Estimates put the number of Jews of Indian origin in Israel at about 100,000, according to Eliaz Dandeker, a historian and author documenting the community.

Even those of Indian origin born in Israel maintain a "deep connection" to their ancestral homeland, said Dandeker, including through music, cinema, food and cultural events.

indian jews afp
Elazar Ashtivker, owner of the Maharaja Indian restaurant in the city of Ramla. Events in Israel have featured appearances by Indian actors. Jews made their way to India over the course of the last 3,000 years, and by and large have not suffered religious and racist persecution in the country.

They began coming to Israel en masse in the late 1940s and early 1950s for religious and other reasons.Many of them settled in rural communities to become farmers, while others moved to peripheral towns throughout the country.

In the first years following the creation of the state of Israel in 1948, many Indian immigrants abandoned their names and traditions as part of the era's "melting pot" ideal.

"There's more openness today" to Indian culture, the 34-year-old Dandeker said. "The younger generations want to know more."

- 'He's special' -

In his spice shop near the Maharaja, Shaul Divekar, who emigrated from India as a child, scoops red lentils from a sack into a plastic bag, chatting from behind his counter with two customers.

The conversation fluctuates between the goods that arrived from India and the prime minister who is about to.

Divekar proudly notes he is in charge of one of the seven buses taking Indian Israelis from Ramla to Wednesday's meeting with PM Modi.

"He's special," Divekar said of PM Modi, a Bollywood music video playing on a laptop behind the cash register.

"He likes Jews," proudly offers a tall bearded man in his 30s standing nearby the Indian DVD collection in Divekar's store, his Hebrew heavy with an Indian accent.

Dandeker, the historian, notes that Jewish Indians in Israel have been called the "invisible Jews" since they are neither Ashkenazis from Europe nor Sephardis from Africa and the Middle East.

While members of the community have reached prominence in Israel in fields including medicine and the military, "a lot of them don't stress their origins".

And with many of them having changed their last names to sound more Israeli, "it's hard to spot them," said Dandeker.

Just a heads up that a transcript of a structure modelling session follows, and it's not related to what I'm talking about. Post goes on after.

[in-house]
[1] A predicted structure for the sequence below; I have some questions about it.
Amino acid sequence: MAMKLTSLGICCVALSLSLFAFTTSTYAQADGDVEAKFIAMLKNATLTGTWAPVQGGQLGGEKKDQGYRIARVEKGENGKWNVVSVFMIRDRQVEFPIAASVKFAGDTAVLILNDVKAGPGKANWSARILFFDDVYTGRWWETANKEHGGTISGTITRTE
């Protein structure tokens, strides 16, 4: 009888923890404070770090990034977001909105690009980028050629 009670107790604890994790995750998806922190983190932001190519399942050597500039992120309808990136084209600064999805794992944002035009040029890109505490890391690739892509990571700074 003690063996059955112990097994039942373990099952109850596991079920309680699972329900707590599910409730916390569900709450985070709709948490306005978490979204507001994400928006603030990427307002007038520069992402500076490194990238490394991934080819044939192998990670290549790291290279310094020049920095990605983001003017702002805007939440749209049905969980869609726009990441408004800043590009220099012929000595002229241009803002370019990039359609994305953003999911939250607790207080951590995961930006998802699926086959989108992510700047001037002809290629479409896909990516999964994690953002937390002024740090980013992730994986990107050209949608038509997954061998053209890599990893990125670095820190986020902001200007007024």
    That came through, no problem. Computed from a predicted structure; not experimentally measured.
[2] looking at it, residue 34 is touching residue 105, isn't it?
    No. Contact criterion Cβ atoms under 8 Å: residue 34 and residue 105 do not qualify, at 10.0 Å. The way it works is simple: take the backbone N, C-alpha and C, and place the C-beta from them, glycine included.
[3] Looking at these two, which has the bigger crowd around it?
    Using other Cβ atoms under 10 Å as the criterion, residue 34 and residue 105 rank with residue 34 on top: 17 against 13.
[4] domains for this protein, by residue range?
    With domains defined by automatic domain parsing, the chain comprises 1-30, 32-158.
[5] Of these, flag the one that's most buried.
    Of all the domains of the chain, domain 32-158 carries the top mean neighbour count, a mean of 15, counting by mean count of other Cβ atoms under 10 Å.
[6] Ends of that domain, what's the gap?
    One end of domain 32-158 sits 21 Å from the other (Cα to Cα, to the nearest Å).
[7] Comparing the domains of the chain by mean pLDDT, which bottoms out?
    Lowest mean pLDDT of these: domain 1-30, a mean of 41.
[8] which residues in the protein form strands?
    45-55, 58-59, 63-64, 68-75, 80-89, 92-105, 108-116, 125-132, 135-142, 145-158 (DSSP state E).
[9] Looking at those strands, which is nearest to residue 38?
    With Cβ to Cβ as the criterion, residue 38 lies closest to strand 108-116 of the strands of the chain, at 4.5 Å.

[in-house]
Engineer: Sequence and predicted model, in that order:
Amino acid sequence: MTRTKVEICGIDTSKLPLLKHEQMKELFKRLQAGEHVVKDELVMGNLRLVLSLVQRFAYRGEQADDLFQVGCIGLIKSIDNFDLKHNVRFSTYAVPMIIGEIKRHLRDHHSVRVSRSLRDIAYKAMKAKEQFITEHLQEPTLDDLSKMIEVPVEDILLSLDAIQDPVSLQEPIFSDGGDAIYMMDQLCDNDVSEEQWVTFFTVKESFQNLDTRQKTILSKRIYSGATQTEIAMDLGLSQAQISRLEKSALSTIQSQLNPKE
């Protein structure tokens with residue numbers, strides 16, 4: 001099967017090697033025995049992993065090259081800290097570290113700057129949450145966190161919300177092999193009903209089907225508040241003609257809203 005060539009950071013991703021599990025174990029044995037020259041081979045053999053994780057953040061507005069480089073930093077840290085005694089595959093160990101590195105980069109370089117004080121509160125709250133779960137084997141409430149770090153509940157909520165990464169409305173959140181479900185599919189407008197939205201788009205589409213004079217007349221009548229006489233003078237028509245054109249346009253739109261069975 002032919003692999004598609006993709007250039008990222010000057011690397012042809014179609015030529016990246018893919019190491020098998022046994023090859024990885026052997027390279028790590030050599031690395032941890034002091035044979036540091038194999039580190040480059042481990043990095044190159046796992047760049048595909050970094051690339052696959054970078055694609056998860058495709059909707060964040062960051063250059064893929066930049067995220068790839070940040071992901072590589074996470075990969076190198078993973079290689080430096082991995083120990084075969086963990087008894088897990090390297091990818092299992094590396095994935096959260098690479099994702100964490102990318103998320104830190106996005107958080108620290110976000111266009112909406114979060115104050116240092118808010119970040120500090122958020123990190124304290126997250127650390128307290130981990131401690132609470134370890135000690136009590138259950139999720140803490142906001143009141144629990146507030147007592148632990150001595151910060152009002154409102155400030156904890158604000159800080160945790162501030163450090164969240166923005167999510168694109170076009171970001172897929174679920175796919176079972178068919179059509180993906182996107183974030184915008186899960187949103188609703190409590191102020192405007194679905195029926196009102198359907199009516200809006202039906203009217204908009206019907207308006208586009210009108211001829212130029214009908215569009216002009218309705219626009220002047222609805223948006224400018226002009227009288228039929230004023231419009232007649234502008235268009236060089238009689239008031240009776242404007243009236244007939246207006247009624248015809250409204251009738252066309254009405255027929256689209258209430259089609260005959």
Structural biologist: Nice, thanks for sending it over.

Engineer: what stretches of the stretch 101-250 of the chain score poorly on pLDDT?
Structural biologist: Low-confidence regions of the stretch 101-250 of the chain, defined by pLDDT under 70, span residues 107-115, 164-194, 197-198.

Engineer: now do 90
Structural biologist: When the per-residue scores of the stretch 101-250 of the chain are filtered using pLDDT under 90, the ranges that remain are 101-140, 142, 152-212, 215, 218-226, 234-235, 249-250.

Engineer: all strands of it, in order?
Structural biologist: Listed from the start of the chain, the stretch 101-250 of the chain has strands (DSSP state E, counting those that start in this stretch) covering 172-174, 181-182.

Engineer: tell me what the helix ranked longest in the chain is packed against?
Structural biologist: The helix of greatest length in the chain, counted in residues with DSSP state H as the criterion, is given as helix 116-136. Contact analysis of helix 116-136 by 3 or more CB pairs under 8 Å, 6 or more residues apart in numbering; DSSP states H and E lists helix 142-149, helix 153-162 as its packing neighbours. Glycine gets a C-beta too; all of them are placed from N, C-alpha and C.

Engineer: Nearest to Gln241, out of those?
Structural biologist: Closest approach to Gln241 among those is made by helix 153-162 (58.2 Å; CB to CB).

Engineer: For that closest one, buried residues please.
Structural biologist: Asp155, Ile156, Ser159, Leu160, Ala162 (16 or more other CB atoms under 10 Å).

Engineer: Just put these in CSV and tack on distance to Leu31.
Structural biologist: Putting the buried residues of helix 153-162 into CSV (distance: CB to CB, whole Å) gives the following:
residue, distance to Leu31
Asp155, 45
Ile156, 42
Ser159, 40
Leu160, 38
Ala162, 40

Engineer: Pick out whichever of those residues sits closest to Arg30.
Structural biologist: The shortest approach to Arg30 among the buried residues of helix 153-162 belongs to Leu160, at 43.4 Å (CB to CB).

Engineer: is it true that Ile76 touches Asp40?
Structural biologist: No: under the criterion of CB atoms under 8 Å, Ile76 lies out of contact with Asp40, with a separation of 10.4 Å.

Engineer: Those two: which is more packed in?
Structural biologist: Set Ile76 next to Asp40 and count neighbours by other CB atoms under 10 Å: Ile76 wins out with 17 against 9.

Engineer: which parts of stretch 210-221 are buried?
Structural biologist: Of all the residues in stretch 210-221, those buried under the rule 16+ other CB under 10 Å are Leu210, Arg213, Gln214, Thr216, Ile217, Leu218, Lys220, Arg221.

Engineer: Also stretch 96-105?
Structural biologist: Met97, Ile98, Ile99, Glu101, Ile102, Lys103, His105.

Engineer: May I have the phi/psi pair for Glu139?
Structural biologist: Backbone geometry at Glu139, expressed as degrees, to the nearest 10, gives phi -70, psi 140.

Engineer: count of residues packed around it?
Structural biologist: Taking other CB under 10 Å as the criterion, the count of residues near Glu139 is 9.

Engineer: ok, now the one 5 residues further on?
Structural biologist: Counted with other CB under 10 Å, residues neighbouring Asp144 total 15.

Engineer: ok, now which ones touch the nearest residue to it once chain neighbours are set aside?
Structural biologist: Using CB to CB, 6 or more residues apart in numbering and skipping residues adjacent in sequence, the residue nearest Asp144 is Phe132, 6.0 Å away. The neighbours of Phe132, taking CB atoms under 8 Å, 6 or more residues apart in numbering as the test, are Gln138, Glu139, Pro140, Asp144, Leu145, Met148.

PM Modi's visit and its potential to generate interest among Israelis in Indian culture could help raise the profile of the Indian community.

"We expect it to help advance our community," said Ashtivker, the restaurateur. "We're a small community here and don't really stand out."

Analysis: Taking India-Israel ties out of the closet

The Jerusalem Post | | 2017-07-04T06:18Z

On a road trip across Israel in late 2014 a young Israeli diplomat accompanying Indian journalists, pointed to a portmanteau of two highway signs for two cities ‘Modi’in’ and ‘Jerusalem’. “Very soon” he said. His optimism will be belied on July 4 this year, when Prime Minister Modi becomes the first Indian PM to visit the Jewish nation.

“Unlike past Prime Ministers, Modi has no inhibitions on openly expressing his admiration for Israel's achievements,” says G Parthasarathy, former Indian high commissioner to Pakistan. “Others have fought shy because of domestic vote bank considerations.”

Prime Minister Modi’s July 4-6 visit comes even as he carries out a delicate balancing act in West Asia by simultaneously improving relations with Saudi Arabia, UAE, Qatar, Iran and Israel. India remains one of the handful of major nations who have excellent ties with these countries.
Israeli PM Benjamin Netanyahu hailed ‘my friend Narendra Modi’s’ upcoming visit’ as ‘historic’. “In the 70 years of this country’s existence no India Prime Minister has visited and this is a further expression of the State of Israel’s military, economic and diplomatic strength.”

Prime Minister Modi’s visit might appear largely symbolic coming as it does soon after a spate of recent high-profile visits between New Delhi and Tel Aviv. President Pranab Mukherjee became the first Indian head of state to visit Israel last year and it saw a reciprocal visit by Israeli President Reuven Rivlin in January this year.

Neither has there been a radical shift in India’s policy towards Palestine. New Delhi hosted Palestinian President Mahmoud Abbas for a four-day official visit in May evidently to signal this.